Noah's Co-Writer Speaks

Ari Handel, co-writer of Noah, was interviewed by Relevant Magazine about the controversial theology in the film. He's one of those guys that just gives a terrific interview (he's one of the reasons I saw it in the first place), and I recommend it to you.

My takeaways:

Handel's a really intelligent, diplomatic, and articulate guy. Smart to have him be the "voice" of the filmmakers.

A key passage: "What I’d tell people is it’s very important to us that nothing we actually did directly contradicted the Genesis story. There are some places where people think we did, and I’d just say, 'We didn’t.' It was all grounded somewhere. It wasn’t just the Genesis story the way you expected it. But it’s grounded. Anything we did that isn’t explicitly there isn’t arbitrary."

It was all grounded somewhere.

Exactly. Grounded in texts outside the biblical narrative. That's not, in and of itself, problematic. But the texts they used, as far as I can tell, are a hodgepodge amalgamation of things, some of which are esoteric traditions that have an interest in subverting the biblical story, not affirming it. Also notice that he confirms that nothing in the film is accidental. Everything was thoughtful and "grounded" in a source somewhere. That's what I suspected.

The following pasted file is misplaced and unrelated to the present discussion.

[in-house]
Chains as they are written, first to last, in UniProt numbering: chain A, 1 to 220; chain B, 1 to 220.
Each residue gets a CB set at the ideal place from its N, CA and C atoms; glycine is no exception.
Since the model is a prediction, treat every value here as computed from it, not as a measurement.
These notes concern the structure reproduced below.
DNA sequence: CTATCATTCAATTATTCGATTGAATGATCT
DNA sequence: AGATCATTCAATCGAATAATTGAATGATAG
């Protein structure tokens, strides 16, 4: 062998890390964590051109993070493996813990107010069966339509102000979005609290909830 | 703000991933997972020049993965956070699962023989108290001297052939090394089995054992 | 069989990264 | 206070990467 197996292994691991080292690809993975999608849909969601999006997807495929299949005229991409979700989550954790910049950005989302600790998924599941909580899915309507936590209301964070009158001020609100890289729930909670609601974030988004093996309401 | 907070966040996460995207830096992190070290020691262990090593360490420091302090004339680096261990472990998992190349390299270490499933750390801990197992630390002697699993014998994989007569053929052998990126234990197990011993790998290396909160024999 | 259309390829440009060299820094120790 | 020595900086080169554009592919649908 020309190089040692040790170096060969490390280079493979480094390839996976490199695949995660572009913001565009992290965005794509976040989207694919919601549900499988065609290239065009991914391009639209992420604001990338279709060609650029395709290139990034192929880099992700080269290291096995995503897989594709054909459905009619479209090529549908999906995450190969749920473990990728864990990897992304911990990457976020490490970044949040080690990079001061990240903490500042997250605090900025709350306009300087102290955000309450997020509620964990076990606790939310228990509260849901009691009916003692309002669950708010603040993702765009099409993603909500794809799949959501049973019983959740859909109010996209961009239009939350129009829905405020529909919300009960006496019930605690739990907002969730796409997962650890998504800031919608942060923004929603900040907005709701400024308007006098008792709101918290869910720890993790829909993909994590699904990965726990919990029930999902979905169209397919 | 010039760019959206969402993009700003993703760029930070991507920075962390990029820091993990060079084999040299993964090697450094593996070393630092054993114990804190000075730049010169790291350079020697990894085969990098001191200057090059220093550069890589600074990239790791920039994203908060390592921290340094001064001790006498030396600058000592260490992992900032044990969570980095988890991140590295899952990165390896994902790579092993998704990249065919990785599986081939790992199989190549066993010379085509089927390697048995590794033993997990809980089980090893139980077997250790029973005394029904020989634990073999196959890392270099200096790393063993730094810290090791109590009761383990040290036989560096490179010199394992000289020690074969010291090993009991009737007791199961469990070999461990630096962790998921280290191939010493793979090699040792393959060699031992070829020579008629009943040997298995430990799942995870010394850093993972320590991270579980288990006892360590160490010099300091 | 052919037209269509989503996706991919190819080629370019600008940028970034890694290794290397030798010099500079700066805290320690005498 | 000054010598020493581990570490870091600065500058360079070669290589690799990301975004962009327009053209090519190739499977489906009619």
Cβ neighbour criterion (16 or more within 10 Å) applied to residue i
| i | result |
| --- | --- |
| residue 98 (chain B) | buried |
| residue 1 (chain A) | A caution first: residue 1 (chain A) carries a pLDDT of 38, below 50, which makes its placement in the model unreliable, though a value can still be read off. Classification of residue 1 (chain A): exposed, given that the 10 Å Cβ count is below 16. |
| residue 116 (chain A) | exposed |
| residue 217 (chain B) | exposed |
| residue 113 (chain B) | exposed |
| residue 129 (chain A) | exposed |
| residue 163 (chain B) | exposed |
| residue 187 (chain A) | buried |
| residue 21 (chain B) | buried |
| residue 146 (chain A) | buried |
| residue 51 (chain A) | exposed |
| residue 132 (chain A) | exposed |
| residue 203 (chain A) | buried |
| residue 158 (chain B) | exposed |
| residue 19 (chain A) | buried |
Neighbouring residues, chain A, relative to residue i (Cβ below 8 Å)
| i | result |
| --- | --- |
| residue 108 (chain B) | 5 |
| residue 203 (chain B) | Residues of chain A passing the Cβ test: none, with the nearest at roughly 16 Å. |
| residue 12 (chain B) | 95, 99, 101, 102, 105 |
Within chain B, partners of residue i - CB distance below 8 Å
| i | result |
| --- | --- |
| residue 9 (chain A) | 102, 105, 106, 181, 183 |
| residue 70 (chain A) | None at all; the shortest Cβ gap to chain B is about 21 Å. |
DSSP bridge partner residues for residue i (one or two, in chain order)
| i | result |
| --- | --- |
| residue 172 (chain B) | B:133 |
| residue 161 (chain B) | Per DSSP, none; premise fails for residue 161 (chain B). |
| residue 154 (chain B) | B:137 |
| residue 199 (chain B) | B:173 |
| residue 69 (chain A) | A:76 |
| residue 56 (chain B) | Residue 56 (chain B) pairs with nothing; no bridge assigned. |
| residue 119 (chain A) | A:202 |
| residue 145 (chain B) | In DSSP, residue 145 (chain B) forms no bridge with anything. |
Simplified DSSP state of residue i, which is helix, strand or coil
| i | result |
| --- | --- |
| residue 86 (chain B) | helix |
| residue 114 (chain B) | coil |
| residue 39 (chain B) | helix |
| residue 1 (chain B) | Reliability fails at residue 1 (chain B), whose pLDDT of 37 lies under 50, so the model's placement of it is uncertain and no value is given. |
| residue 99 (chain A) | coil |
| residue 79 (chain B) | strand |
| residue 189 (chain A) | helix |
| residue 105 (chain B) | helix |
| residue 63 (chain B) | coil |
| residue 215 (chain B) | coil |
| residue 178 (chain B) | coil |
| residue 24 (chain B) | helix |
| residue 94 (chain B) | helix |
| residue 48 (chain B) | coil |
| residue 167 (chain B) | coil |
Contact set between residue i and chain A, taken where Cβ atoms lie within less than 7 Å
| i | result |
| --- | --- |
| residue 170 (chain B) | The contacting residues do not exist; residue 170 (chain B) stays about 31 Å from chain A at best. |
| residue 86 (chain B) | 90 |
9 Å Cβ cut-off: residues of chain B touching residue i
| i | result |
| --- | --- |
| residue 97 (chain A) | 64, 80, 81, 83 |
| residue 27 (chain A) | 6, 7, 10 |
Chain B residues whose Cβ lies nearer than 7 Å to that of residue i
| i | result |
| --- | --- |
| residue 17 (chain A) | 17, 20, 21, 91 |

He insists that nothing "contradicted the Genesis story." First, I take that as an admission of my original point: many details, themes, and symbols are simply not from the Genesis story. Second, he's just wrong that "nothing" contradicted the Genesis story. Plenty of others have plowed that field, so I needn't rehash it.

About the snake skin thing, Handel ought to know what he was thinking, and I'm glad he cleared it up. The idea of a "skin" of immortality that the Serpent shed is found in nascent form, (one source, no doubt, among others) in Philo of Alexandria, Questions and Answers on Genesis, I, 33. His idea is that the snake wanted to appear young and innocent, so as to deceive Eve into thinking he had the key to remaining... young and innocent. Suffice it to say, there's nothing about passing this skin along as an artifact.

It's interesting, to be sure. But if you're unaware of who Philo is, let's just say that he is the father of reading the Hebrew Bible in obscure, allegorical ways that conform it to Platonic philosophy (i.e., the "graded" universe of spirit/mind/male="higher and good," matter/flesh/female="lower and bad"). He's the head of a stream that ultimately forms the river of precisely the kinds of Neoplatonic speculation I originally identified in my review.

As it is, Aronofsky and Handel have taken the symbol of the Serpent (a Gnostic "dog whistle" of all dog whistles) and turned it into a magical blessing; they have the characters wrap it around their arms reminiscent of Jewish Teffilin, the small, black boxes that contain the Torah.

Replacing Torah with a Serpent.

If people still want to believe (perhaps even Handel himself) that this isn't a subversion, they can. But I'm not buying it.

Brian Mattson